I was feeling pretty pathetic, when Janice turned to me with a beautifully wrapped package, and said, "I brought you this." It was a book on the great cathedrals of Europe. I wasn't exactly sure why she'd given it to me until I read her inscription: "To Charlotte, with admiration for the greatness of what you are building when no one sees."
In the days ahead I would read - no, devour - the book. And I would discover what would become for me, four life-changing truths, after which I could pattern my work: No one can say who built the great cathedrals - we have no record of their names. These builders gave their whole lives for a work they would never see finished. They made great sacrifices and expected no credit. The passion of their building was fueled by their faith that the eyes of God saw everything.
A legendary story in the book told of a rich man who came to visit the cathedral while it was being built, and he saw a workman carving a tiny bird on the inside of a beam. He was puzzled and asked the man, "Why are you spending so much time carving that bird into a beam that will be covered by the roof? No one will ever see it." And the workman replied, "Because God sees."
I closed the book, feeling the missing piece fall into place. It was almost as if I heard God whispering to me, "I see you, Charlotte. I see the sacrifices you make every day, even when no one around you does. No act of kindness you've done, no sequin you've sewn on, no cupcake you've baked, is too small for me to notice and smile over. You are building a great cathedral, but you can't see right now what it will become."
At times, my invisibility feels like an affliction. But it is not a disease that is erasing my life. It is the cure for the disease of my own self-centeredness. It is the antidote to my strong, stubborn pride. I keep the right perspective when I see myself as a great builder. As one of the people who show up at a job that they will never see finished, to work on something that their name will never be on. The writer of the book went so far as to say that no cathedrals could ever be built in our lifetime because there are so few people willing to sacrifice to that degree.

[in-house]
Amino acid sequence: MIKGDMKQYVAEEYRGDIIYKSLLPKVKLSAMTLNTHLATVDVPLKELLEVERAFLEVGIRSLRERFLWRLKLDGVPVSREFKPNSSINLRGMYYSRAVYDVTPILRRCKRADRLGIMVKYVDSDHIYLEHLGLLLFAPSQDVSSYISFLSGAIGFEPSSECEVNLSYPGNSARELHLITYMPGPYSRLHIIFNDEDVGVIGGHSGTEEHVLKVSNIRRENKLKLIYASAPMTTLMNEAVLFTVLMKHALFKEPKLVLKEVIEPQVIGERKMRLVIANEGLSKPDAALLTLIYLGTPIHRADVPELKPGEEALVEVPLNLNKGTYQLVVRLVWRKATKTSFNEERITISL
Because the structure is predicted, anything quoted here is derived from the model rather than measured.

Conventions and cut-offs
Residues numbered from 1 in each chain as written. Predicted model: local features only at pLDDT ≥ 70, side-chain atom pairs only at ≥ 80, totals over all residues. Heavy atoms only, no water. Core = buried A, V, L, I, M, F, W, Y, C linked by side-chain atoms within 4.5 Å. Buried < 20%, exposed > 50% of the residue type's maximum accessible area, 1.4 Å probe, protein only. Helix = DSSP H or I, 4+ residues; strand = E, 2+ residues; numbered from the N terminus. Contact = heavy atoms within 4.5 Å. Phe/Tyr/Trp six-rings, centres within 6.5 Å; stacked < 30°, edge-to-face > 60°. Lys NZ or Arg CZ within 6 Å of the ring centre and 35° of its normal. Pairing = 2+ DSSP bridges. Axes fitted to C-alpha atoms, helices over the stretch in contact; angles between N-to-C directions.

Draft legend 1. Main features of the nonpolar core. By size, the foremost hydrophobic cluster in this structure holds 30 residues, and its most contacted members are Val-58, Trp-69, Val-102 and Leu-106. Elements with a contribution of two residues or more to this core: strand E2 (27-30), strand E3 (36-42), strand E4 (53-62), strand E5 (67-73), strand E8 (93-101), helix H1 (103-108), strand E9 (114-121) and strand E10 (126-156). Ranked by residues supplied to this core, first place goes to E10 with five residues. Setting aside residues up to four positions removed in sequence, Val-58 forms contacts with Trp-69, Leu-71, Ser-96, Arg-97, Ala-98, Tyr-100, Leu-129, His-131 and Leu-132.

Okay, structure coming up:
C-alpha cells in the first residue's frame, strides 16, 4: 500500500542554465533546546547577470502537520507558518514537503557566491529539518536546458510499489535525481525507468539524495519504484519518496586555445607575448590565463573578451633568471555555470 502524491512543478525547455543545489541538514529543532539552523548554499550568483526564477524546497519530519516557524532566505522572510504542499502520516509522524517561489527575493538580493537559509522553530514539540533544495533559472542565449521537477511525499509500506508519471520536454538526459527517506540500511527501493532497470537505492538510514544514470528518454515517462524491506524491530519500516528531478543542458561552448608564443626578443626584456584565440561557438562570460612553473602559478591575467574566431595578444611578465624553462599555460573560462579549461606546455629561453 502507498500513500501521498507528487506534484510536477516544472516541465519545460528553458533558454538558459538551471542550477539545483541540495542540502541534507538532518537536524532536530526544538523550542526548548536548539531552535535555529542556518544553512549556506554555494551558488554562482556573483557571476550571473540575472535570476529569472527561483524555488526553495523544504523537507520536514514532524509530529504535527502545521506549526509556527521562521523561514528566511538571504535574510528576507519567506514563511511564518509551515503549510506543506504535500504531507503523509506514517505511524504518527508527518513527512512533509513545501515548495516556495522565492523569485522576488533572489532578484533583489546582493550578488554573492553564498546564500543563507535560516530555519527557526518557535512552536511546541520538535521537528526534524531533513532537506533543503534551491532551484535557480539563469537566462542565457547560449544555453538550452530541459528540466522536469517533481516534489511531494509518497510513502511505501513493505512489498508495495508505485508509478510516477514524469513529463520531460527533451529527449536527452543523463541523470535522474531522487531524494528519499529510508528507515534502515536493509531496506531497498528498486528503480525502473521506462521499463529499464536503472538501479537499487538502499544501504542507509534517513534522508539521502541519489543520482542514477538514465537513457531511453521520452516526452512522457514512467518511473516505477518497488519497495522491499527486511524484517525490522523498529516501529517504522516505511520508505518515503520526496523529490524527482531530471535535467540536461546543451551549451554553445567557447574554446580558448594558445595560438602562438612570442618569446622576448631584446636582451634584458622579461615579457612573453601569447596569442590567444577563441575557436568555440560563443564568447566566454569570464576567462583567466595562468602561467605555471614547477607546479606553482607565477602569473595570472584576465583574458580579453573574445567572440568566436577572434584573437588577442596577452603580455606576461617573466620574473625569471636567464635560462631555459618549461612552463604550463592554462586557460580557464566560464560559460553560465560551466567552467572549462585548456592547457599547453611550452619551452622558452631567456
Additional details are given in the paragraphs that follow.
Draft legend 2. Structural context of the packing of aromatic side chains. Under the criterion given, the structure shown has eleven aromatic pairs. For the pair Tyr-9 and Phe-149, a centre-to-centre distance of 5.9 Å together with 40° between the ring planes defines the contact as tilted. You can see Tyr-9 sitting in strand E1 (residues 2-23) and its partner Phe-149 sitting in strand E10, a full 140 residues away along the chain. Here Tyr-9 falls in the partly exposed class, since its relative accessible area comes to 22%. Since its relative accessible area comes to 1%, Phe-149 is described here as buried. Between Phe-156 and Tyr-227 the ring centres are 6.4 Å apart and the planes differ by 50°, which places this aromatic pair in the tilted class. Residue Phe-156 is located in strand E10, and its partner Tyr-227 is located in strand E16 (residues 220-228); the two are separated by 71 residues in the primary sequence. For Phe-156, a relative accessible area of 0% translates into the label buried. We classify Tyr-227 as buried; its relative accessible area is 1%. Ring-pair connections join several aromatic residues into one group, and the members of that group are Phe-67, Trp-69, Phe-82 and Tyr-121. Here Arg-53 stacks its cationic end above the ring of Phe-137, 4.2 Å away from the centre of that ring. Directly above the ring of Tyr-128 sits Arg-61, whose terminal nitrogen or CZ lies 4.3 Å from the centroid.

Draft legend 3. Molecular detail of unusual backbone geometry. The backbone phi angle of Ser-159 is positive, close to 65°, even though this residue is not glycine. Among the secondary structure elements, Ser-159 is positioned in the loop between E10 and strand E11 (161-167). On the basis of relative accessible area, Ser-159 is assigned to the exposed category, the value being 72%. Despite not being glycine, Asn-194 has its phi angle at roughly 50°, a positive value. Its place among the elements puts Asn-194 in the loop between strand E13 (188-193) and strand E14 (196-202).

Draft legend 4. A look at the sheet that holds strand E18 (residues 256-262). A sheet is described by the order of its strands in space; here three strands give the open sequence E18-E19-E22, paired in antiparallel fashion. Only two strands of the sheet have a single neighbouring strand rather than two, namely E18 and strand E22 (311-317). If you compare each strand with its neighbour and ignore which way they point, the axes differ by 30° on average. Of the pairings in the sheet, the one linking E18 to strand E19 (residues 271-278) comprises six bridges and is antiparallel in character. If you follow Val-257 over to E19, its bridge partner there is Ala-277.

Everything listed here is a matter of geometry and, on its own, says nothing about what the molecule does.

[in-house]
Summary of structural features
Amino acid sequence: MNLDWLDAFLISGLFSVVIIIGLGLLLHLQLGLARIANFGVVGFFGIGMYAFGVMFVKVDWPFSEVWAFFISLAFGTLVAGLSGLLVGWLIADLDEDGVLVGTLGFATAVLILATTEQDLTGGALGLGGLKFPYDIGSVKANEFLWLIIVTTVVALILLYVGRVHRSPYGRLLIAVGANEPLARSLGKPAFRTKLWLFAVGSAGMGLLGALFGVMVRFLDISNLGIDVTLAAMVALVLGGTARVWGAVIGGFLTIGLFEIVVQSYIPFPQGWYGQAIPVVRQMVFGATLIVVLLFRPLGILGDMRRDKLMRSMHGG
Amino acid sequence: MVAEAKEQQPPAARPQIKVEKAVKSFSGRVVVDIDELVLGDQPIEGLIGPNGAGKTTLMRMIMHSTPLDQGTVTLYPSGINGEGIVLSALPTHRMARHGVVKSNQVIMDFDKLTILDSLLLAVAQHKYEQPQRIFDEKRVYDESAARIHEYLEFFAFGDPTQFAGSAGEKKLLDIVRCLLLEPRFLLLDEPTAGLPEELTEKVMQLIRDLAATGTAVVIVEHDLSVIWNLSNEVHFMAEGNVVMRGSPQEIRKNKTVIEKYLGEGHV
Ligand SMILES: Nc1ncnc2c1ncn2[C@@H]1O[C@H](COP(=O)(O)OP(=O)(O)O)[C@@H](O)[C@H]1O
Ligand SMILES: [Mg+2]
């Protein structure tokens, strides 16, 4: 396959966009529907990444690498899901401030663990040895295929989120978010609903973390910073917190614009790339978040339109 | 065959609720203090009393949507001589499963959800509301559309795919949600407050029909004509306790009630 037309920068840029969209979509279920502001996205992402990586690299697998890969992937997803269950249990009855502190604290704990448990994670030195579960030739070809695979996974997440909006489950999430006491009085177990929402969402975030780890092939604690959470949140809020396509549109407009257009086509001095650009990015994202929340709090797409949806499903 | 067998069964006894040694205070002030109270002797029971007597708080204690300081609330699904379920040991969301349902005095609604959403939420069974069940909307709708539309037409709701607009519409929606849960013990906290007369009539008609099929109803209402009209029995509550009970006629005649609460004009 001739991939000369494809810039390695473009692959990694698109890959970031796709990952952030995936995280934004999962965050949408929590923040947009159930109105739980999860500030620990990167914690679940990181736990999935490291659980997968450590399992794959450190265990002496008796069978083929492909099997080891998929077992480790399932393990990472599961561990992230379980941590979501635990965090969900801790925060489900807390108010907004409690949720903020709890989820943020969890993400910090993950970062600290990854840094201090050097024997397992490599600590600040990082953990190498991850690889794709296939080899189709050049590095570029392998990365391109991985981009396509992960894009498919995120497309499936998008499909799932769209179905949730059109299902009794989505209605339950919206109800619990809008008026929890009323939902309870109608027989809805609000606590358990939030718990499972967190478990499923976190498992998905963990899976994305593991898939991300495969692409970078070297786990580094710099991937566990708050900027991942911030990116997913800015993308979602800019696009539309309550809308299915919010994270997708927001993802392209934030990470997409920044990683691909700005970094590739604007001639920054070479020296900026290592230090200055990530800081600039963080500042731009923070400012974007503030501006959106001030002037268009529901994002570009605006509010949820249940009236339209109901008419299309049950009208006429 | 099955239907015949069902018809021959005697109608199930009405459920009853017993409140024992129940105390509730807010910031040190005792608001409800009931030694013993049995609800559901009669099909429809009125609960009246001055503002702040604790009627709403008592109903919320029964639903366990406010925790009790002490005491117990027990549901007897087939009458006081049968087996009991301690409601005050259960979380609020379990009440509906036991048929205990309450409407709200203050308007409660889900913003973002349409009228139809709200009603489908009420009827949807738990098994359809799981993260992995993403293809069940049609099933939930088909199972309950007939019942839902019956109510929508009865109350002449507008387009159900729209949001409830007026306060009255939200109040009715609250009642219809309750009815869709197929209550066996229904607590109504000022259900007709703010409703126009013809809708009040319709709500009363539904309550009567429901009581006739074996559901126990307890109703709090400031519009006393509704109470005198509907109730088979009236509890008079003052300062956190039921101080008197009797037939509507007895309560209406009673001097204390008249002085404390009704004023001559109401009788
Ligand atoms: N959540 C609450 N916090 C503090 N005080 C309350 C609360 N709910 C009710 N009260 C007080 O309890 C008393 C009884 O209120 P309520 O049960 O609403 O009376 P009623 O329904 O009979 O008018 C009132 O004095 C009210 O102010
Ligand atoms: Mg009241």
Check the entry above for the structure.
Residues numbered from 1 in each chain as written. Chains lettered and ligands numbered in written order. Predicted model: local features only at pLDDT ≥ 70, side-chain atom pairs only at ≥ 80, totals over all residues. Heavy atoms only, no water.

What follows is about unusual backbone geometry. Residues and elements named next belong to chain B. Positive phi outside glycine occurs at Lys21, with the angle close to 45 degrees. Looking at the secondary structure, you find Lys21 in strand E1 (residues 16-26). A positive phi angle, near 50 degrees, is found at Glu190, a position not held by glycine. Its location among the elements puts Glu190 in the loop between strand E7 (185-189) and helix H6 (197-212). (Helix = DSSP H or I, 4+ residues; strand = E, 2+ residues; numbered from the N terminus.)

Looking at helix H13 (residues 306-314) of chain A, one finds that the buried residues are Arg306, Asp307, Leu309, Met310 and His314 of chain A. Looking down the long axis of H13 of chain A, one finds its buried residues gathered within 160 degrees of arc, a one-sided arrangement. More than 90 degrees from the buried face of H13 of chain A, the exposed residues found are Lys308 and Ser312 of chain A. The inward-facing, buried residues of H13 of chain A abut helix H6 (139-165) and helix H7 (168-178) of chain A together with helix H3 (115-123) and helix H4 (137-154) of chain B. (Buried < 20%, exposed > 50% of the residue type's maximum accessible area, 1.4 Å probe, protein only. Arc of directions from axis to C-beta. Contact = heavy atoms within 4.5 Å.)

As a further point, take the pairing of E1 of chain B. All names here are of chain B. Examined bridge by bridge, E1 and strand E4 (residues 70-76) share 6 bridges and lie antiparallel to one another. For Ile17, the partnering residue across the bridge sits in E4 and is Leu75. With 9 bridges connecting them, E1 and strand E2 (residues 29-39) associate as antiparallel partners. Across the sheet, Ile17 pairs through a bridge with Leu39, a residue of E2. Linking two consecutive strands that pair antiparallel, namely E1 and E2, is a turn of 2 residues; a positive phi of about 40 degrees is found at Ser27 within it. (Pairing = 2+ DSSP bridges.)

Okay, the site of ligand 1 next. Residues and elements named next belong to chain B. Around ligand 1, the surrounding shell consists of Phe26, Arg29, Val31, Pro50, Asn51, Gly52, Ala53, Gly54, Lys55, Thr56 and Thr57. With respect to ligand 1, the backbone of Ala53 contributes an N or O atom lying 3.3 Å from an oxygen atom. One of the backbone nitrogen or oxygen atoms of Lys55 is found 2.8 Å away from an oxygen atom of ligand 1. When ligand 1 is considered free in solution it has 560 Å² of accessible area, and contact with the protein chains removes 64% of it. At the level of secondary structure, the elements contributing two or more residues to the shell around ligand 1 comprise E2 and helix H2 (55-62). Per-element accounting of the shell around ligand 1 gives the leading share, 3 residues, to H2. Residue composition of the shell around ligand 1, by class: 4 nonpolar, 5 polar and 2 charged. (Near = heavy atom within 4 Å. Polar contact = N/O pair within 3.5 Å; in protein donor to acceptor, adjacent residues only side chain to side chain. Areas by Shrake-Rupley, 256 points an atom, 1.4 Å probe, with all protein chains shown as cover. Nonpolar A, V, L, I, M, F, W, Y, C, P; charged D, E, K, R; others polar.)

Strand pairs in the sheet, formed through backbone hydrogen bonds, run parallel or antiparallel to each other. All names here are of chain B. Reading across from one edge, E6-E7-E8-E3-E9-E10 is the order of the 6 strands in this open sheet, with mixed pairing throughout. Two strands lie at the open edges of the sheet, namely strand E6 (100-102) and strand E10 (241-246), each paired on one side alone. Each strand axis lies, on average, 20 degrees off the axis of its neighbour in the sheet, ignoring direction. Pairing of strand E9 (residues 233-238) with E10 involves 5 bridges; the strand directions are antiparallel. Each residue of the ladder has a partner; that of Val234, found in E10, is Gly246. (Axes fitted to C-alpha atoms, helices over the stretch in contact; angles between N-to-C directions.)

When I really think about it, I don't want my son to tell the friend he's bringing home from college for Thanksgiving, "My mom gets up at 4 in the morning and bakes homemade pies, and then she hand bastes a turkey for three hours and presses all the linens for the table." That would mean I'd built a shrine or a monument to myself. I just want him to want to come home. And then, if there is anything more to say to his friend, to add, "You're gonna love it there." As mothers, we are building great cathedrals. We cannot be seen if we're doing it right. And one day, it is very possible that the world will marvel, not only at what we have built, but at the beauty that has been added to the world by the sacrifices of invisible women.
***Pray Joshua's cele stops leaking and heals over
***Pray for our sanity, grace, strength, and peace
***Pray that God's will be done this week. My dad's in Western Samoa for a week - it's a bit scary having him away, when Joshua's situation is so precarious.
***Pray for our immigration paperwork to go through smoothly and quickly.
Posted by Susie Sams at 3:07 PM